Azure patterned plates harmonize with the Mediterranean menu, in which patatas bravas and Manchego-stuffed Medjool dates give way to a diplomatic entrée list ideal for power lunches and first dates. This diamond in the downtown rough was created by Hugh Acheson and his protégé Peter Dale and conjures up a golden age of travel—note the wall-mounted wooden plane propeller and postcards from faraway places pinned to the back bar. An oversized Jim Fiscus photograph of a Big Boi and Andre 3000 sets the tone for said bar, a more relaxed space that’s favored by those coming or going to the indie movie theatre Ciné, next door.

10 Best Restaurants in Athens: Mama's Boy

Mama’s Boy

There are several spots for good brunching in Athens, but Mama’s Boy draws the biggest crowd. Do they come for the raspberry jam, so ceaselessly utilized that each table has its own squirt bottle of the stuff? Or the buttery square biscuits? The pulled pork and potato hash? Or thyme sausage gravy? The ample meals here are everything you need to get going or a fine excuse to go back to bed. A second location opened two years ago on Macon Highway. Spoiler alert: It’s similarly crowded and undeniably worth the wait.

10 Best Restaurants in Athens: Maepole

Maepole

Peter Dale’s new fast-casual café fills a void in Athens for healthy, tasty food on the fly. The array is as dazzling—think deep-purple ginger beets, verdant sesame shaved Brussels, and meatballs swimming in crimson marinara. It’s perfect for lunch but don’t dismiss it for dinner. Globe string lights shimmer above the kid-friendly outdoor area and many fine, local beers are on draft, alongside the fizzy-bitter Maepole spritz. It’s about as guilt-free as you can eat—even your cup, plate, and fork are compostable.

Cali n Tito’s

Is it Peruvian? Is it Cuban? Is that a burrito on the menu? This funky, family friendly destination steps from the University of Georgia cannot be confined to a single category, so don’t try. Twenty-some-odd picnic tables fill a palm-fringed, beach-pebble yard where kids careen down old metal playground equipment. Order fish tacos, an El Cubano, and if you’re really hungry, the lomo saltado. Pro tip: It’s cash-only and BYOB, but hit Creature Comforts on your way over; the neighboring Circle K’s proximity to an elementary school prevents it from selling anything stronger than Mountain Dew.

Weaver D’s

Dexter Weaver recognized the members of R.E.M. as regular lunch customers when they came to ask if they could use his soul food restaurant’s slogan as the name of their eighth studio album. He’d never heard of the band but happily agreed. Like Automatic for the People, Weaver D’s remains an Athens institution. Dexter will greet you at the register and say, with inflection, the word “Communication” when he’s ready to take your order. As you’re savoring every last crispy lick of fried chicken from the bone, he’ll shout, “Y’all enjoying everything?” You’ll smack your belly and say, “Delicious!” and to that he has just one response. “Automatic.”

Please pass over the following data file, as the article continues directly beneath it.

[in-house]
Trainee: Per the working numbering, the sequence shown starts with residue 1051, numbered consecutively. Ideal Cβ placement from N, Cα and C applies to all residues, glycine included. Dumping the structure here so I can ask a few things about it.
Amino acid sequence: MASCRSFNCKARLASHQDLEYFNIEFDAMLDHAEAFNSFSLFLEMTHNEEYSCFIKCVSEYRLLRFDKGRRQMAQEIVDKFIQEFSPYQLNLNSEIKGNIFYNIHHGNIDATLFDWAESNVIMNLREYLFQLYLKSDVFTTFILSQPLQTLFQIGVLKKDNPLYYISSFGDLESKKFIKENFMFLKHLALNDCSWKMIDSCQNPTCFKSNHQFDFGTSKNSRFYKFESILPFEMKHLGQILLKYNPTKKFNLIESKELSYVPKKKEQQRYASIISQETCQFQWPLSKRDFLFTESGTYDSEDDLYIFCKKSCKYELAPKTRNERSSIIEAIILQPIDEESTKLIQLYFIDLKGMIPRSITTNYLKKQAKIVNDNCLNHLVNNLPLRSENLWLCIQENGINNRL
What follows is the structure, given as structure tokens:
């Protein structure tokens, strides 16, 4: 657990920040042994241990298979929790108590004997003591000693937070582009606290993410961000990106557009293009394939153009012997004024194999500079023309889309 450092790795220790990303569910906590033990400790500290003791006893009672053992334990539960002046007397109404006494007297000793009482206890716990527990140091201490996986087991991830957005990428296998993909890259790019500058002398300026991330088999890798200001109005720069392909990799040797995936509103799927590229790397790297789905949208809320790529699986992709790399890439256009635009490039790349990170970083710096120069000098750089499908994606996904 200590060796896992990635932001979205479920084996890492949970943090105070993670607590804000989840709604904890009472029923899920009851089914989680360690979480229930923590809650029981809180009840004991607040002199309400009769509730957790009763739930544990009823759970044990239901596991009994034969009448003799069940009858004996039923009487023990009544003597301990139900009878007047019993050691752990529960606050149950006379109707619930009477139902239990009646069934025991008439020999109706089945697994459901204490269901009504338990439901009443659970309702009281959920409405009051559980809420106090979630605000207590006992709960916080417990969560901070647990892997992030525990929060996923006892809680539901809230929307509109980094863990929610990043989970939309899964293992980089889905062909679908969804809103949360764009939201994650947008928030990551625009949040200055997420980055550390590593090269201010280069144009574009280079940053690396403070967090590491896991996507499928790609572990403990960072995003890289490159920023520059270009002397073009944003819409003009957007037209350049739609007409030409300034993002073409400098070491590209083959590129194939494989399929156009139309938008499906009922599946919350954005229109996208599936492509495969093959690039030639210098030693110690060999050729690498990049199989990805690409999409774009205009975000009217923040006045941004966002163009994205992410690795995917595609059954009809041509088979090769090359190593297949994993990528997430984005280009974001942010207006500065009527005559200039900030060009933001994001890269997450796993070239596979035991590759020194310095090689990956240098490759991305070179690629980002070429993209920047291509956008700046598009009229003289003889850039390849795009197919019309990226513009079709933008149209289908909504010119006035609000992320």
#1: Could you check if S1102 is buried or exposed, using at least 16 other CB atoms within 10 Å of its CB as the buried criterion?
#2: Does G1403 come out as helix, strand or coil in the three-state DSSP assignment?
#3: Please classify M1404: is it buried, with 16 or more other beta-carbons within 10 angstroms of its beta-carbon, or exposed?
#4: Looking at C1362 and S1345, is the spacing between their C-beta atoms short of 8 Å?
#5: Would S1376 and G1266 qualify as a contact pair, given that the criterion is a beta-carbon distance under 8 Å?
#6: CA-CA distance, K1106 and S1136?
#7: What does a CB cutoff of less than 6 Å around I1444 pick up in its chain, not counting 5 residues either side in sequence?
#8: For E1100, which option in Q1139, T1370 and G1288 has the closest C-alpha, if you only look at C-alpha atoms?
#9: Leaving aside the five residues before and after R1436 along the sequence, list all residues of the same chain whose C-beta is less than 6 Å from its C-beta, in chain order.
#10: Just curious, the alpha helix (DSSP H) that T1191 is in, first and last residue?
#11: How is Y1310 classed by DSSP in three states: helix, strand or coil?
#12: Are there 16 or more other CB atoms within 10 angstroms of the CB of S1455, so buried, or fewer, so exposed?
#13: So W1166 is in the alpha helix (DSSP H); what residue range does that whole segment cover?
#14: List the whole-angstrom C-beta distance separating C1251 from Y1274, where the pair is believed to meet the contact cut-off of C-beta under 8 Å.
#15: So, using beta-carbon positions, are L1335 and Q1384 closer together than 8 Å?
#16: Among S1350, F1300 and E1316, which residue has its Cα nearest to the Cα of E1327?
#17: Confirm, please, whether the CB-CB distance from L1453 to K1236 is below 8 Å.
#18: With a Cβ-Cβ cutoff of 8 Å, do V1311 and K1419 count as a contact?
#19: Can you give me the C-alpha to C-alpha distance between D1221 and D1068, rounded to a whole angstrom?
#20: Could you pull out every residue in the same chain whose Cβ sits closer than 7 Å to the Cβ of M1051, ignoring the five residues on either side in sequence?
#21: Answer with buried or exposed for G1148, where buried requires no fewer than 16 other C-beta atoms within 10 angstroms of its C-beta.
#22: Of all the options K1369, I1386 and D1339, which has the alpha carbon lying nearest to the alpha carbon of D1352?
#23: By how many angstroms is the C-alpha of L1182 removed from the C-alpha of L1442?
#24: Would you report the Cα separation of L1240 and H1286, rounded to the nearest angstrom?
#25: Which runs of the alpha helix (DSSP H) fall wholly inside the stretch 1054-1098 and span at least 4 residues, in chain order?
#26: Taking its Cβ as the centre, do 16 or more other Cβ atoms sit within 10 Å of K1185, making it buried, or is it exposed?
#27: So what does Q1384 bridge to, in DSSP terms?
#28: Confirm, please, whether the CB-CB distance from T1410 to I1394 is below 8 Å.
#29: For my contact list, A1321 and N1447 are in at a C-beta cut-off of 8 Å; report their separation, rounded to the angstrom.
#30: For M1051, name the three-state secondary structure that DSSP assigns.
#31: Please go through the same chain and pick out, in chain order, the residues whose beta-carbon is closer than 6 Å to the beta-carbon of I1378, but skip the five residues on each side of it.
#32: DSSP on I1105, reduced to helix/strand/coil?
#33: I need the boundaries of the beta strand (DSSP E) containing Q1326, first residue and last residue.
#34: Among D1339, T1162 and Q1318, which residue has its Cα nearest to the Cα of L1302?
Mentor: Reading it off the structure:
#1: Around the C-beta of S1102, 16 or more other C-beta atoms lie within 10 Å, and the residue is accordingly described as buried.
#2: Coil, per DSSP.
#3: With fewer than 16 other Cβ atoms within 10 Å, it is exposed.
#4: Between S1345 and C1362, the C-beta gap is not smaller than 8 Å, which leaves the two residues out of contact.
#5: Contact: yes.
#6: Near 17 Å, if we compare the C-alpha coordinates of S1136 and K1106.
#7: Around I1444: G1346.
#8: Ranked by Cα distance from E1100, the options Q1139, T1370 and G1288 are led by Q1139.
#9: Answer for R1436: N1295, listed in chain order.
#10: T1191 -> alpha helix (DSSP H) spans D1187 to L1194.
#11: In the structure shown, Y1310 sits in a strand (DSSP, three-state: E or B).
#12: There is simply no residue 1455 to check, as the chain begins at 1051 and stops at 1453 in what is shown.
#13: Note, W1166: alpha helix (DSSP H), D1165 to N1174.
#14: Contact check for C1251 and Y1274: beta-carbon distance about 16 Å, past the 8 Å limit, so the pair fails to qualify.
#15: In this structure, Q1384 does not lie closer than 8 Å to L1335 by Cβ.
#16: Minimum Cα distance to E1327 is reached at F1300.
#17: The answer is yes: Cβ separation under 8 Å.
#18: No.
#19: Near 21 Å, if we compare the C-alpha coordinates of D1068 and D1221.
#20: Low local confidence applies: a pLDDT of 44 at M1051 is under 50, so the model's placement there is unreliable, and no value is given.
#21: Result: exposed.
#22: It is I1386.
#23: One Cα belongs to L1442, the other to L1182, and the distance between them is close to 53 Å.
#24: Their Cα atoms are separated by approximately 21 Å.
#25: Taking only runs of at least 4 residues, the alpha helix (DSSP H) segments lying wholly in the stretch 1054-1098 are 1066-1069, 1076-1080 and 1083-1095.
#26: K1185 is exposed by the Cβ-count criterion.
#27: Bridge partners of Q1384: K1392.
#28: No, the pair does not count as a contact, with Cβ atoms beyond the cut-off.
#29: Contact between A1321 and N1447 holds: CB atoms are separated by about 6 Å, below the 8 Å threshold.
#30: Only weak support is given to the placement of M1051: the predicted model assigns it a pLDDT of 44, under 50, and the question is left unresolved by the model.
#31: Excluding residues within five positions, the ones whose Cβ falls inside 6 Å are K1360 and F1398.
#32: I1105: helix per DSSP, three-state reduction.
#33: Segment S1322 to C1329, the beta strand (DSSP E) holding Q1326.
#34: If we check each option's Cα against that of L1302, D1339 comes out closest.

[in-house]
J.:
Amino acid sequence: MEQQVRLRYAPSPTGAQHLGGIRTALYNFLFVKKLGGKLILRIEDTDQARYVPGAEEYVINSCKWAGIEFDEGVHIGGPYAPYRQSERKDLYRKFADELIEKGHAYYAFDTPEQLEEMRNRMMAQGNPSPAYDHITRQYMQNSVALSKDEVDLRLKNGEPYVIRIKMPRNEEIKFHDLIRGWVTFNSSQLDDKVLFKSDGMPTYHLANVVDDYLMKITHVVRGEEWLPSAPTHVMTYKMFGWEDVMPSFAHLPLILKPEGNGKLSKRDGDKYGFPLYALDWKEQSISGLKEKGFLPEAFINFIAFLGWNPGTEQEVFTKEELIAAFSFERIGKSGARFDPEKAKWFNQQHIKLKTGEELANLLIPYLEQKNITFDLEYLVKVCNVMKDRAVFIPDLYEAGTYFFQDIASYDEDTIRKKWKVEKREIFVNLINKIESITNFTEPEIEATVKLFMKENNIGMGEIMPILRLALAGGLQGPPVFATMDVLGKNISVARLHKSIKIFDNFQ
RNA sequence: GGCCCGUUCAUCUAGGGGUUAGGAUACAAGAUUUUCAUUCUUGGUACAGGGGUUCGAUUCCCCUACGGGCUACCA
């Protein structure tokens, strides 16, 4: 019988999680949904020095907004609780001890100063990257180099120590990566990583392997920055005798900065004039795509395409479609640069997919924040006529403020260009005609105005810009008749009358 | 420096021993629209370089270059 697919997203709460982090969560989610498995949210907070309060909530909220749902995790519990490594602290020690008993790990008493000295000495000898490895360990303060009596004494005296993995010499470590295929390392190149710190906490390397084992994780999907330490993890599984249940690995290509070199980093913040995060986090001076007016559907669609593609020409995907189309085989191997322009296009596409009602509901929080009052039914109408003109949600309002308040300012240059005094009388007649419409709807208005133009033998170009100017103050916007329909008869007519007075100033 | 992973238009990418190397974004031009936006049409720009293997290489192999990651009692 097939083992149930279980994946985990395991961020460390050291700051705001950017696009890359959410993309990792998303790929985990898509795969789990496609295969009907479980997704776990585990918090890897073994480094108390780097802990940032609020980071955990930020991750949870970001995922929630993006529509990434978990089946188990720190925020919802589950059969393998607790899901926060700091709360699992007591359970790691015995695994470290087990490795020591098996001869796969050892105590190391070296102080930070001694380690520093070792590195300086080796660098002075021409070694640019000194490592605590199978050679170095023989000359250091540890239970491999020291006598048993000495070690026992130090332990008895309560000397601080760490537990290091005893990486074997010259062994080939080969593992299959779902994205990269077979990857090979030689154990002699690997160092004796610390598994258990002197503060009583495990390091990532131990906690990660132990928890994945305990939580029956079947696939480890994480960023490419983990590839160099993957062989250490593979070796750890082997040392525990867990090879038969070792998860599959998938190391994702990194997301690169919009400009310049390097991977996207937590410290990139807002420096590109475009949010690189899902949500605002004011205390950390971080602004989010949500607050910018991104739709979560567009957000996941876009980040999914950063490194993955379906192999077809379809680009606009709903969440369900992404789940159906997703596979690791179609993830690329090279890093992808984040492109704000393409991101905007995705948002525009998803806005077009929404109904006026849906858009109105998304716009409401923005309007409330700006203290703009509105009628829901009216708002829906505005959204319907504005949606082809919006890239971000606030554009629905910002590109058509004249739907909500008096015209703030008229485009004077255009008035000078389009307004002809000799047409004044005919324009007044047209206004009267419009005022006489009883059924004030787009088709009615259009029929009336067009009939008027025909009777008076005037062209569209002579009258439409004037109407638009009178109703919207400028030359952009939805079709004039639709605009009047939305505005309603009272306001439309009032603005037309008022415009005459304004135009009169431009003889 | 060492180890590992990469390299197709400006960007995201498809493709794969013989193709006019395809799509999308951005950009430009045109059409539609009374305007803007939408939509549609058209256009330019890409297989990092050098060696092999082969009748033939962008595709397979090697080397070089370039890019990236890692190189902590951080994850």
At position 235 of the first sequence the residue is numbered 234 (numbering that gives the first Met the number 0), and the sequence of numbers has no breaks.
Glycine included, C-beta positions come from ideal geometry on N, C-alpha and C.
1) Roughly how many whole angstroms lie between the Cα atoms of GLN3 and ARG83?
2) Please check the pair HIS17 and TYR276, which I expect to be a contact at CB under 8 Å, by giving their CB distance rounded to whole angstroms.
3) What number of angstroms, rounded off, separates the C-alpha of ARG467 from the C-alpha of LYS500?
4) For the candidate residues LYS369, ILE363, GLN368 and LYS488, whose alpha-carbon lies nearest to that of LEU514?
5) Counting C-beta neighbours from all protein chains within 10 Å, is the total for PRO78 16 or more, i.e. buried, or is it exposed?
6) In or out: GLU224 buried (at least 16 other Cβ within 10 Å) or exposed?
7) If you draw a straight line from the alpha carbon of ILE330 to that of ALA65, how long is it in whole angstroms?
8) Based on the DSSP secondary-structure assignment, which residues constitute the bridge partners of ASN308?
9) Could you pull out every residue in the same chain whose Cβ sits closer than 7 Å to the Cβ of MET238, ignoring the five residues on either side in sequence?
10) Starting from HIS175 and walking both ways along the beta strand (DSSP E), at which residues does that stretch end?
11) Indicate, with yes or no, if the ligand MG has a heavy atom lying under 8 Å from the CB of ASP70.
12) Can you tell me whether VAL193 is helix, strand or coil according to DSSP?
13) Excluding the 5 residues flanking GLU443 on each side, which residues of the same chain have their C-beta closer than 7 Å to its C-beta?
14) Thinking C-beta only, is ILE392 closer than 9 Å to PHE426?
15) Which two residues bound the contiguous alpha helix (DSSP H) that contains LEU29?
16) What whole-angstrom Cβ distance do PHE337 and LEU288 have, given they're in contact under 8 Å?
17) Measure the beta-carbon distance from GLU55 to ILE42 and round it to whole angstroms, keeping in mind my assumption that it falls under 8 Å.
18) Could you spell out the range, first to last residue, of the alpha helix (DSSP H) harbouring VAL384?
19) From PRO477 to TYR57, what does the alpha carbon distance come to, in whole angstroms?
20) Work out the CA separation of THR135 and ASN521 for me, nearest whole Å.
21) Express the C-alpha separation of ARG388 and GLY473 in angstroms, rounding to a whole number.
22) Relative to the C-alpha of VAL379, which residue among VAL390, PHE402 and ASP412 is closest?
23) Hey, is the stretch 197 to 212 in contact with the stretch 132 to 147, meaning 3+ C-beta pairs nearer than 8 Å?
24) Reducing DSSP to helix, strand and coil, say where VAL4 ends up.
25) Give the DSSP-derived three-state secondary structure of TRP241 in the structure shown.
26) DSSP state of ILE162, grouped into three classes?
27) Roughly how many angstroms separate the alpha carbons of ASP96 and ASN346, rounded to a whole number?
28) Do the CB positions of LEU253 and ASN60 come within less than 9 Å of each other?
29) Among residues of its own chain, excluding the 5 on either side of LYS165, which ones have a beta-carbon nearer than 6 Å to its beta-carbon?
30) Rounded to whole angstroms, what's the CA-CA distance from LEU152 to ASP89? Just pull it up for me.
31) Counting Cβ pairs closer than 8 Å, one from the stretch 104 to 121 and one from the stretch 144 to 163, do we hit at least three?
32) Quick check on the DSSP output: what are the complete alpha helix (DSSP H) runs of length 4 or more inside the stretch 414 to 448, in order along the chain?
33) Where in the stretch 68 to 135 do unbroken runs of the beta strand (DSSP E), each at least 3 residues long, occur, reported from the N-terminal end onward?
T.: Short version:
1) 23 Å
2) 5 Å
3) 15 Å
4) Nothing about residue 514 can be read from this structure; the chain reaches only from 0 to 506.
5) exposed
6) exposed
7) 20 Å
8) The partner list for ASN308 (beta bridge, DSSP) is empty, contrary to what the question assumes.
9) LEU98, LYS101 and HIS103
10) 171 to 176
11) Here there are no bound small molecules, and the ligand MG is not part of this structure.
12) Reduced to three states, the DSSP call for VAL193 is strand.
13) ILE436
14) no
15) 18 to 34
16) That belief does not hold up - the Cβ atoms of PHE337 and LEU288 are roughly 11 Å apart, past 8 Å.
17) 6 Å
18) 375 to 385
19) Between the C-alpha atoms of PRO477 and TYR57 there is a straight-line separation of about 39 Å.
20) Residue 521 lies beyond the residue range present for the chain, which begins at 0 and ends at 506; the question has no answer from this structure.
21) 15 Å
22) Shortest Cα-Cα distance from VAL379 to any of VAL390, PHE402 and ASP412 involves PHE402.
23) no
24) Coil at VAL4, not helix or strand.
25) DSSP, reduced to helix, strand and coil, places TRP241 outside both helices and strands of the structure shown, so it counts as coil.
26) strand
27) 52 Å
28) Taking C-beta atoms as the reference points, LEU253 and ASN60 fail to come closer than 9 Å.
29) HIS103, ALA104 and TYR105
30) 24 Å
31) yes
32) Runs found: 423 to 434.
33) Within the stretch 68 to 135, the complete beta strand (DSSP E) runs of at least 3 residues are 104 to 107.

Editor and writer Julia Reed on her hometown culinary favorites

Julia Reed

“There are very few times when I’m not on the road,” says Julia Reed. As if to illustrate the point: She’s pausing for this interview while on a whirlwind tour promoting her fifth book, South Toward Home, a collection of wry essays chronicling the people, places, and traditions of the South. And while she has called New Orleans home on and off since 1991, her travels often bring her to her native Greenville, Mississippi. In fact, she just put the finishing touches on a second residence adjacent to the house in which she was raised. In view from her kitchen window: the pasture where her childhood horses grazed.

South Toward Home, Julia Reed

“I’ve always heeded the sign and call of the Delta,” Reed says. “When I was away for long periods of time, I would miss it so much that I’d fly into Memphis, rent a big Cadillac, roll down the windows, and hit Highway 61. I never have more fun than when I’m in the Delta.”

And sharing the adventure with longtime friends—or relative strangers—only adds to the experience. “I love piling people in the car, mostly people who are new to the area,” Reed says. “But I also love to bring people from the South who are living in exile, to give them a taste of home.”